Full Text Available The Trypanosoma brucei flagellum is a multifunctional organelle with critical roles in motility, cellular morphogenesis, and cell division. Although motility is thought to be important throughout the trypanosome lifecycle, most studies of flagellum structure and function have been restricted to the procyclic lifecycle stage, and our knowledge of the bloodstream form flagellum is limited. We have previously shown that trypanin functions as part of a flagellar dynein regulatory system that transmits regulatory signals from the central pair apparatus and radial spokes to axonemal dyneins. Here we investigate the requirement for this dynein regulatory system in bloodstream form trypanosomes. We demonstrate that trypanin is localized to the flagellum of bloodstream form trypanosomes, in a pattern identical to that seen in procyclic cells. Surprisingly, trypanin RNA interference is lethal in the bloodstream form. These knockdown mutants fail to initiate cytokinesis, but undergo multiple rounds of organelle replication, accumulating multiple flagella, nuclei, kinetoplasts, mitochondria, and flagellum attachment zone structures. These findings suggest that normal flagellar beat is essential in bloodstream form trypanosomes and underscore the emerging concept that there is a dichotomy between trypanosome lifecycle stages with respect to factors that contribute to cell division and cell morphogenesis. This is the first time that a defined dynein regulatory complex has been shown to be essential in any organism and implicates the dynein regulatory complex and other enzymatic regulators of flagellar motility as candidate drug targets for the treatment of African sleeping sickness.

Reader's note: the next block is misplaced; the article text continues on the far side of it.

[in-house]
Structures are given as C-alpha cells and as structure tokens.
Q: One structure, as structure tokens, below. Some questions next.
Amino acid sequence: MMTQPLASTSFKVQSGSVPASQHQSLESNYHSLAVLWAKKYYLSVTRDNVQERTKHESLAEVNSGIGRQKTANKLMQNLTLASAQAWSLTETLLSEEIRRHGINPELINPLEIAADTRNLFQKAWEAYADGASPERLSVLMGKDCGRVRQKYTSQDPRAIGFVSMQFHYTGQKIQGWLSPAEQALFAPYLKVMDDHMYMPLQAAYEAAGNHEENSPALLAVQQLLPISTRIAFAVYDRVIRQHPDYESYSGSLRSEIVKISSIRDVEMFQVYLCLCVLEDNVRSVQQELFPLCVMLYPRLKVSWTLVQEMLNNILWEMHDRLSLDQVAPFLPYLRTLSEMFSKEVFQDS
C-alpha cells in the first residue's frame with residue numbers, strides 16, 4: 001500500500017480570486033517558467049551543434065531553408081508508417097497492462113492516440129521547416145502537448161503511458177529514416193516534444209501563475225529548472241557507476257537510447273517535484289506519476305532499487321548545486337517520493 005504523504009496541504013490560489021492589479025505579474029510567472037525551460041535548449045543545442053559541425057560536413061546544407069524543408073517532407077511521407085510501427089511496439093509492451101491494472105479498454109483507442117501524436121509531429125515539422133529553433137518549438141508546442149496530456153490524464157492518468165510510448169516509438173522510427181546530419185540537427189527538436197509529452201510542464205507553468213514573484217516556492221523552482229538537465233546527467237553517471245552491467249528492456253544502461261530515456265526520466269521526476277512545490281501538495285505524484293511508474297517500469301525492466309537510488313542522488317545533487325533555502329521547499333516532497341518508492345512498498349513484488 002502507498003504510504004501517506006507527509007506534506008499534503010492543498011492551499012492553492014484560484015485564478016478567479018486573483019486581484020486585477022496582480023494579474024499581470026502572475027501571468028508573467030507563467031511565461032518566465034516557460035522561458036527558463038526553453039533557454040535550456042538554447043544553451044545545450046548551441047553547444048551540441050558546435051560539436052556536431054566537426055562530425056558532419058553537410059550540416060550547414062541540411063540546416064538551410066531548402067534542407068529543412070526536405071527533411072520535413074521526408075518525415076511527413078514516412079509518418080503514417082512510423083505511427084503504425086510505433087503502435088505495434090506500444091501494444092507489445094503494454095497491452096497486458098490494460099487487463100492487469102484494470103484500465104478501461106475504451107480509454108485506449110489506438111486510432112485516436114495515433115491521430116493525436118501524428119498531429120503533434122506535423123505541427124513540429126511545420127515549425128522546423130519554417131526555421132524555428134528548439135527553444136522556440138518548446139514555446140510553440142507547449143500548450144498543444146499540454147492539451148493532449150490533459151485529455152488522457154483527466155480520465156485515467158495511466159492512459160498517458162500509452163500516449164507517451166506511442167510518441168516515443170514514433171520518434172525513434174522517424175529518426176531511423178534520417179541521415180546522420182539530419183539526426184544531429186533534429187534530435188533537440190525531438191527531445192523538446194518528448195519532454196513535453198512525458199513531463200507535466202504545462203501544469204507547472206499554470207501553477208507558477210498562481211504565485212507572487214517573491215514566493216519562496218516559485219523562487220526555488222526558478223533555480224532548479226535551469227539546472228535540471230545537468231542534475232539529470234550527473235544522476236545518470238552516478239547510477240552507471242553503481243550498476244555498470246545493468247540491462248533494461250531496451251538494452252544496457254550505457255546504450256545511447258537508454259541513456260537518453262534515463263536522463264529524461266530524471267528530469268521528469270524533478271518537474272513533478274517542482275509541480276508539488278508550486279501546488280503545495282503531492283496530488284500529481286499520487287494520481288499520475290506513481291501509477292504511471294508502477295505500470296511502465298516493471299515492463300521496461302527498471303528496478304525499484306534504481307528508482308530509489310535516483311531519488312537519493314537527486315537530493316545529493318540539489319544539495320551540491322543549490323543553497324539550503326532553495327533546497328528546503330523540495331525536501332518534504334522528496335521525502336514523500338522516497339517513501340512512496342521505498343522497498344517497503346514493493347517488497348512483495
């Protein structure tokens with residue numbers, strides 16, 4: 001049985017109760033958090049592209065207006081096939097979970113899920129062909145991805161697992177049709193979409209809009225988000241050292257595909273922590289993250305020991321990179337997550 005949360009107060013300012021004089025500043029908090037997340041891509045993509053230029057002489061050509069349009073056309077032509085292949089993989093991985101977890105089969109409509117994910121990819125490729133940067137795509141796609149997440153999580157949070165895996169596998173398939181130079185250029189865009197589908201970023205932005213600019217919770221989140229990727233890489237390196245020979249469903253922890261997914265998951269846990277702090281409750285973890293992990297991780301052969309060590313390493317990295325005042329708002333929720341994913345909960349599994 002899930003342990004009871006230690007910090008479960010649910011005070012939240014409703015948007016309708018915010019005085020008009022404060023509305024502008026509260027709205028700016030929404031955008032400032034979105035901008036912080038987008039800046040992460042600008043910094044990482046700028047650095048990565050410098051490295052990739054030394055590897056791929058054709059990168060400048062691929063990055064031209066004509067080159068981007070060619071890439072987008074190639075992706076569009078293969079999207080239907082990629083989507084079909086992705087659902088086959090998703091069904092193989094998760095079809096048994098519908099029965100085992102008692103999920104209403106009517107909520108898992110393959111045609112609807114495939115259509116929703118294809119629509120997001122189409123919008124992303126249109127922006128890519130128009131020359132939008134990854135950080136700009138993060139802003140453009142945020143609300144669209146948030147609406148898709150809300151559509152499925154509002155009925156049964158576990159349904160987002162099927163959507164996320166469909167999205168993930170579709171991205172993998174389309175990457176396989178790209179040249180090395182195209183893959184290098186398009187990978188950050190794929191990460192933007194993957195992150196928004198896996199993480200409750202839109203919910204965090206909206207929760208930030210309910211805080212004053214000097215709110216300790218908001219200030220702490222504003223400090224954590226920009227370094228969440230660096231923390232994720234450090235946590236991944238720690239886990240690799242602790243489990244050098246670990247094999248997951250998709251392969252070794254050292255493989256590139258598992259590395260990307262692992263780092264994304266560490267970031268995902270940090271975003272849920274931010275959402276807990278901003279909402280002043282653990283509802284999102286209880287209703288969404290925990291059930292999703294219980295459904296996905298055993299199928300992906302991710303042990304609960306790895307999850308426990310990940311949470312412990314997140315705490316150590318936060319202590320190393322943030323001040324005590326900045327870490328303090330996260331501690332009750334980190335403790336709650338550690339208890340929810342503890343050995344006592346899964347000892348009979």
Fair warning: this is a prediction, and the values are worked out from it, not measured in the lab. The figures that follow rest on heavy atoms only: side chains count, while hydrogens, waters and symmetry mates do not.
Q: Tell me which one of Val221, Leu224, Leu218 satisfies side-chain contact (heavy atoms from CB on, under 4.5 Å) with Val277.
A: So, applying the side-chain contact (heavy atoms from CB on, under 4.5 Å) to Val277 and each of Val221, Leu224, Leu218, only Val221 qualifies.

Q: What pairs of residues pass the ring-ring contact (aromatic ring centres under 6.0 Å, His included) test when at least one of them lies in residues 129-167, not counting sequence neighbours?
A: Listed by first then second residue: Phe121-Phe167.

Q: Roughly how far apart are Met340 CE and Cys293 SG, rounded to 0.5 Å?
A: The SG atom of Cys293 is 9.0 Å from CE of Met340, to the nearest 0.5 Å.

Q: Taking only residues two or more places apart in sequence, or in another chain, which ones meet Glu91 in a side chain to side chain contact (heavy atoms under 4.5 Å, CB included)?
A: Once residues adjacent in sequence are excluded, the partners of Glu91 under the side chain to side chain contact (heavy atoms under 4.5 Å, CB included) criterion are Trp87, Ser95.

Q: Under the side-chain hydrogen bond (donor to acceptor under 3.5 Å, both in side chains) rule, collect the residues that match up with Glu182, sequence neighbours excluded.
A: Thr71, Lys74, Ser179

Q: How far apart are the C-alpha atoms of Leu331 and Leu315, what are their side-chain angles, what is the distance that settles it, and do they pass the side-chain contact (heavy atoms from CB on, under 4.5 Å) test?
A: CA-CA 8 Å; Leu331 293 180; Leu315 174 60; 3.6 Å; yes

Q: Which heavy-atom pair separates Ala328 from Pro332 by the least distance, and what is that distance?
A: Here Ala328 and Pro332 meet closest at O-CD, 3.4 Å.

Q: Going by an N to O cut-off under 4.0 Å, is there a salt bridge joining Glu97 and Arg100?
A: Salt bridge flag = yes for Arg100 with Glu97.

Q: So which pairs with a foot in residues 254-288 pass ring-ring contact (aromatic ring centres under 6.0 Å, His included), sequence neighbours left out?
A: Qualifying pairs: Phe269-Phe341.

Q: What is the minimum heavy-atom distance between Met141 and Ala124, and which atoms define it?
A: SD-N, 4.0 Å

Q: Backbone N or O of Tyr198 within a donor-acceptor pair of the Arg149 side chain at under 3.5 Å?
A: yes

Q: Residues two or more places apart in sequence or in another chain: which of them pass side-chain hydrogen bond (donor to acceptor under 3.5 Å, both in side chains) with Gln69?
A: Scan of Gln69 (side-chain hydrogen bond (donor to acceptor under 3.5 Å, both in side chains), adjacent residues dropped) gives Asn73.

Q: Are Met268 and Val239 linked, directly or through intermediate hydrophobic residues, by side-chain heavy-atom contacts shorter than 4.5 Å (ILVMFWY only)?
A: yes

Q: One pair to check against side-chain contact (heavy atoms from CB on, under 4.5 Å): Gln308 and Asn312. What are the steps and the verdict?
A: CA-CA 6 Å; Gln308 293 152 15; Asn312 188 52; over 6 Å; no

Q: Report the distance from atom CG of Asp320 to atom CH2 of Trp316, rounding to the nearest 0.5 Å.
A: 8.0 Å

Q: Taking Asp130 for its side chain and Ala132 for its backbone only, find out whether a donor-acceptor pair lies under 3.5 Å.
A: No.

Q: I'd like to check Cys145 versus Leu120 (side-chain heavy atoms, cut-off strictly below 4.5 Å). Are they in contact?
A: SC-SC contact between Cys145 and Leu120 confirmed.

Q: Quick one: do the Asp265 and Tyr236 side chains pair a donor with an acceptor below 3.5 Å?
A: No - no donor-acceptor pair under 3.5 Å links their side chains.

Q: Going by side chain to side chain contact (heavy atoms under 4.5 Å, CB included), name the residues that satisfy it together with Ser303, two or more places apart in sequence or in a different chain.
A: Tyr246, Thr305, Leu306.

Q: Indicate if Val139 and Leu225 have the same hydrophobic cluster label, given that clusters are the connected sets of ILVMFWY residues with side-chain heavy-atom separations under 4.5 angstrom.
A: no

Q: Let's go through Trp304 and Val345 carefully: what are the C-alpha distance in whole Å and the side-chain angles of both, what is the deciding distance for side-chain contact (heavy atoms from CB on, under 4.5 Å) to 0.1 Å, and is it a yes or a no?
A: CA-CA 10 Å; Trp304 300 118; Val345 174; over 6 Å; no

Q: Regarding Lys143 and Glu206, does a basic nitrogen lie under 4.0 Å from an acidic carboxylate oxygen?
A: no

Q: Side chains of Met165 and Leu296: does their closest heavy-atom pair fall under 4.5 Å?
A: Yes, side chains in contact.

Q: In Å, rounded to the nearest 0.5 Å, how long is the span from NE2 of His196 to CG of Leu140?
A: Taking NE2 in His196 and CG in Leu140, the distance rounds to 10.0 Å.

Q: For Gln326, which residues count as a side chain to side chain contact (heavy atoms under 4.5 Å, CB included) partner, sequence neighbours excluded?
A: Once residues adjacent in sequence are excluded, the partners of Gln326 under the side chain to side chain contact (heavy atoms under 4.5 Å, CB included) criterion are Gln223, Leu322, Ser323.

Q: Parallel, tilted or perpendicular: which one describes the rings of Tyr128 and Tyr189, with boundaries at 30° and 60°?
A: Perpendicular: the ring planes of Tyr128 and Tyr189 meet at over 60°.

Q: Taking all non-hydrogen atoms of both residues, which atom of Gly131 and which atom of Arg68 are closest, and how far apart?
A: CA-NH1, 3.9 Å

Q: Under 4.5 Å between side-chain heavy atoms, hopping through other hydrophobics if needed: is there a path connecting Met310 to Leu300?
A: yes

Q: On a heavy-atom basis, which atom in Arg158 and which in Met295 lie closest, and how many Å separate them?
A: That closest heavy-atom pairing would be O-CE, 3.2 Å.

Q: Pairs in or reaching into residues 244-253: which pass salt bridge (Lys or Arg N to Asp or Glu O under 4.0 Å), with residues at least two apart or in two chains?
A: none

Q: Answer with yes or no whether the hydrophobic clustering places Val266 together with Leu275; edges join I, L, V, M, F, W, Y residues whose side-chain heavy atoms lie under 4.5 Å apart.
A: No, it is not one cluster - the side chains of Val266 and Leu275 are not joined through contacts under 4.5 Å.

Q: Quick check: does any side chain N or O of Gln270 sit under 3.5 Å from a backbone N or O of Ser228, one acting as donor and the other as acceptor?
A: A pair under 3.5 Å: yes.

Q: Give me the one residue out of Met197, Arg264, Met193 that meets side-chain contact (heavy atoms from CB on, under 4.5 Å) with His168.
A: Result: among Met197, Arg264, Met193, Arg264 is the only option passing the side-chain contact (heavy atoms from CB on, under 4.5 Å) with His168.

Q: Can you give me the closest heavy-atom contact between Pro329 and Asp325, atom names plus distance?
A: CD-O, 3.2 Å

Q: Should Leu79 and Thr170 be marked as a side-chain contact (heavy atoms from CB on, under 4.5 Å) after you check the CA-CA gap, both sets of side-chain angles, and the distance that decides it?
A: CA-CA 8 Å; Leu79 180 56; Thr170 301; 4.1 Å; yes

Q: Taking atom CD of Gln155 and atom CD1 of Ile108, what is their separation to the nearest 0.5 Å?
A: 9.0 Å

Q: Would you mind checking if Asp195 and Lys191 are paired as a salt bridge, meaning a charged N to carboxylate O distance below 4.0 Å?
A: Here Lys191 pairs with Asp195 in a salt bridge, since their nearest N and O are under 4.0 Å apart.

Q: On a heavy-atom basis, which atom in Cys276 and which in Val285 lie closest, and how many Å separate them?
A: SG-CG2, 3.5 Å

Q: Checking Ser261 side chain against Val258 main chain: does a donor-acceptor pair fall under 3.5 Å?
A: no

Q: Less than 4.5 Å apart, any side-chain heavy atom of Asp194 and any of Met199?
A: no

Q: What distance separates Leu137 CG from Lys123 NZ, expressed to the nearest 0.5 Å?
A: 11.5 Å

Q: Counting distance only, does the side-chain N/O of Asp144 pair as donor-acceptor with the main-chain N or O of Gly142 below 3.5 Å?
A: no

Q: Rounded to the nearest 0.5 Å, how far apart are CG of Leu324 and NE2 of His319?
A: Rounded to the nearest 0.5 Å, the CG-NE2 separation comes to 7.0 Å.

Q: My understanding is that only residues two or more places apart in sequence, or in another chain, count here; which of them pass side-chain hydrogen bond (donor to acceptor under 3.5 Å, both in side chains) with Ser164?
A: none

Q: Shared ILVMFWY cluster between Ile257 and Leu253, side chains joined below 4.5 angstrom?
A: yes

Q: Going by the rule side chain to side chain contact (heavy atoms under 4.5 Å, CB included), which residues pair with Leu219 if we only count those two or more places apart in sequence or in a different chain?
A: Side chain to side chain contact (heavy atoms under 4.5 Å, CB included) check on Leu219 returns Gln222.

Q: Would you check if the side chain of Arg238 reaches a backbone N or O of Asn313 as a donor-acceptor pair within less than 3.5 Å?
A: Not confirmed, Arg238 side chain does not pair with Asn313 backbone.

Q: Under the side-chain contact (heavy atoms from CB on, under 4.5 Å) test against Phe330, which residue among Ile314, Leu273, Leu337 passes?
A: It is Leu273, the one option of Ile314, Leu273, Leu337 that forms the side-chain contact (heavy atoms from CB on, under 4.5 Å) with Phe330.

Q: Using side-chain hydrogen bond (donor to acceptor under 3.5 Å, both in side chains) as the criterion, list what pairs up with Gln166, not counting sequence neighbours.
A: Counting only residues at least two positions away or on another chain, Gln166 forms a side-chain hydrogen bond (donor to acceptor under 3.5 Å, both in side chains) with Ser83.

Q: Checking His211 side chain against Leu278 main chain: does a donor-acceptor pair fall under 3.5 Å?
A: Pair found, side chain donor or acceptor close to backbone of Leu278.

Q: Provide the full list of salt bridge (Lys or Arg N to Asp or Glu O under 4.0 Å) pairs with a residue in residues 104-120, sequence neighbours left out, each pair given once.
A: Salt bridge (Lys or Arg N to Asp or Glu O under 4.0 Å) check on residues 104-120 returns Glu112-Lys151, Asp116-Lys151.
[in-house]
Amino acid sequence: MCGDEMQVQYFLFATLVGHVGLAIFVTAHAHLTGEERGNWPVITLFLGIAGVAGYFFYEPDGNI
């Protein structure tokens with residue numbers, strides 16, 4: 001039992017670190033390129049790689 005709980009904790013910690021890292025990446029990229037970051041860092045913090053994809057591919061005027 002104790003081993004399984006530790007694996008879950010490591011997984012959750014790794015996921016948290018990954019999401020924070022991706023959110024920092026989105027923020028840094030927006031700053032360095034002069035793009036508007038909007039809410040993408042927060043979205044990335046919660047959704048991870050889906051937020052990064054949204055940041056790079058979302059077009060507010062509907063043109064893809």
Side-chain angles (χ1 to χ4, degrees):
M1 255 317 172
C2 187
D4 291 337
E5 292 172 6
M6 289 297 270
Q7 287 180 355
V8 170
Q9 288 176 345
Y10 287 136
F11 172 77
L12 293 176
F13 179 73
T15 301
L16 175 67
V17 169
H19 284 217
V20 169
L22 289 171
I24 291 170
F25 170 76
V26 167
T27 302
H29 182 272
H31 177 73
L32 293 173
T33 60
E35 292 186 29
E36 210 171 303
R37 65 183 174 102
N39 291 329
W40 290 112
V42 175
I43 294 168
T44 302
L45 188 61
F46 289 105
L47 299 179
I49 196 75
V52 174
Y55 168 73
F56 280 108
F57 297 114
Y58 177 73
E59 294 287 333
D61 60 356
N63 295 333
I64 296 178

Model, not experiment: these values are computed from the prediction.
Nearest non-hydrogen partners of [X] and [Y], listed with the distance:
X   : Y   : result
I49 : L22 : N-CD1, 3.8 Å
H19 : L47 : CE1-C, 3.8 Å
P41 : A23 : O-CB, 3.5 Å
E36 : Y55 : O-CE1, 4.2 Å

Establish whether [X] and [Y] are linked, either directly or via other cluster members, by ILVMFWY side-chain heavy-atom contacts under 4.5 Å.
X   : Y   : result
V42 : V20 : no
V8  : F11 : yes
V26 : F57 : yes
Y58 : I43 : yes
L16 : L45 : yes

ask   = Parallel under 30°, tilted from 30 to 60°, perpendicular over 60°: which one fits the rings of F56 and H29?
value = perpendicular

19. Analysis and Design of Complex Networks

    Science.gov (United States)

    2014-12-02

    systems. 08-NOV-10, . : , Barlas Oguz, Venkat Anantharam. Long range dependent Markov chains with applications , Information Theory and Applications ...JUL-12, . : , Michael Krishnan, Ehsan Haghani, Avideh Zakhor. Packet Length Adaptation in WLANs with Hidden Nodes and Time-Varying Channels, IEEE... WLAN networks with multi-antenna beam-forming nodes. VII. Use of busy/idle signals for discovering optimum AP association VIII

  20. Prediction of tissue-specific cis-regulatory modules using Bayesian networks and regression trees

    Directory of Open Access Journals (Sweden)

    Chen Xiaoyu

    2007-12-01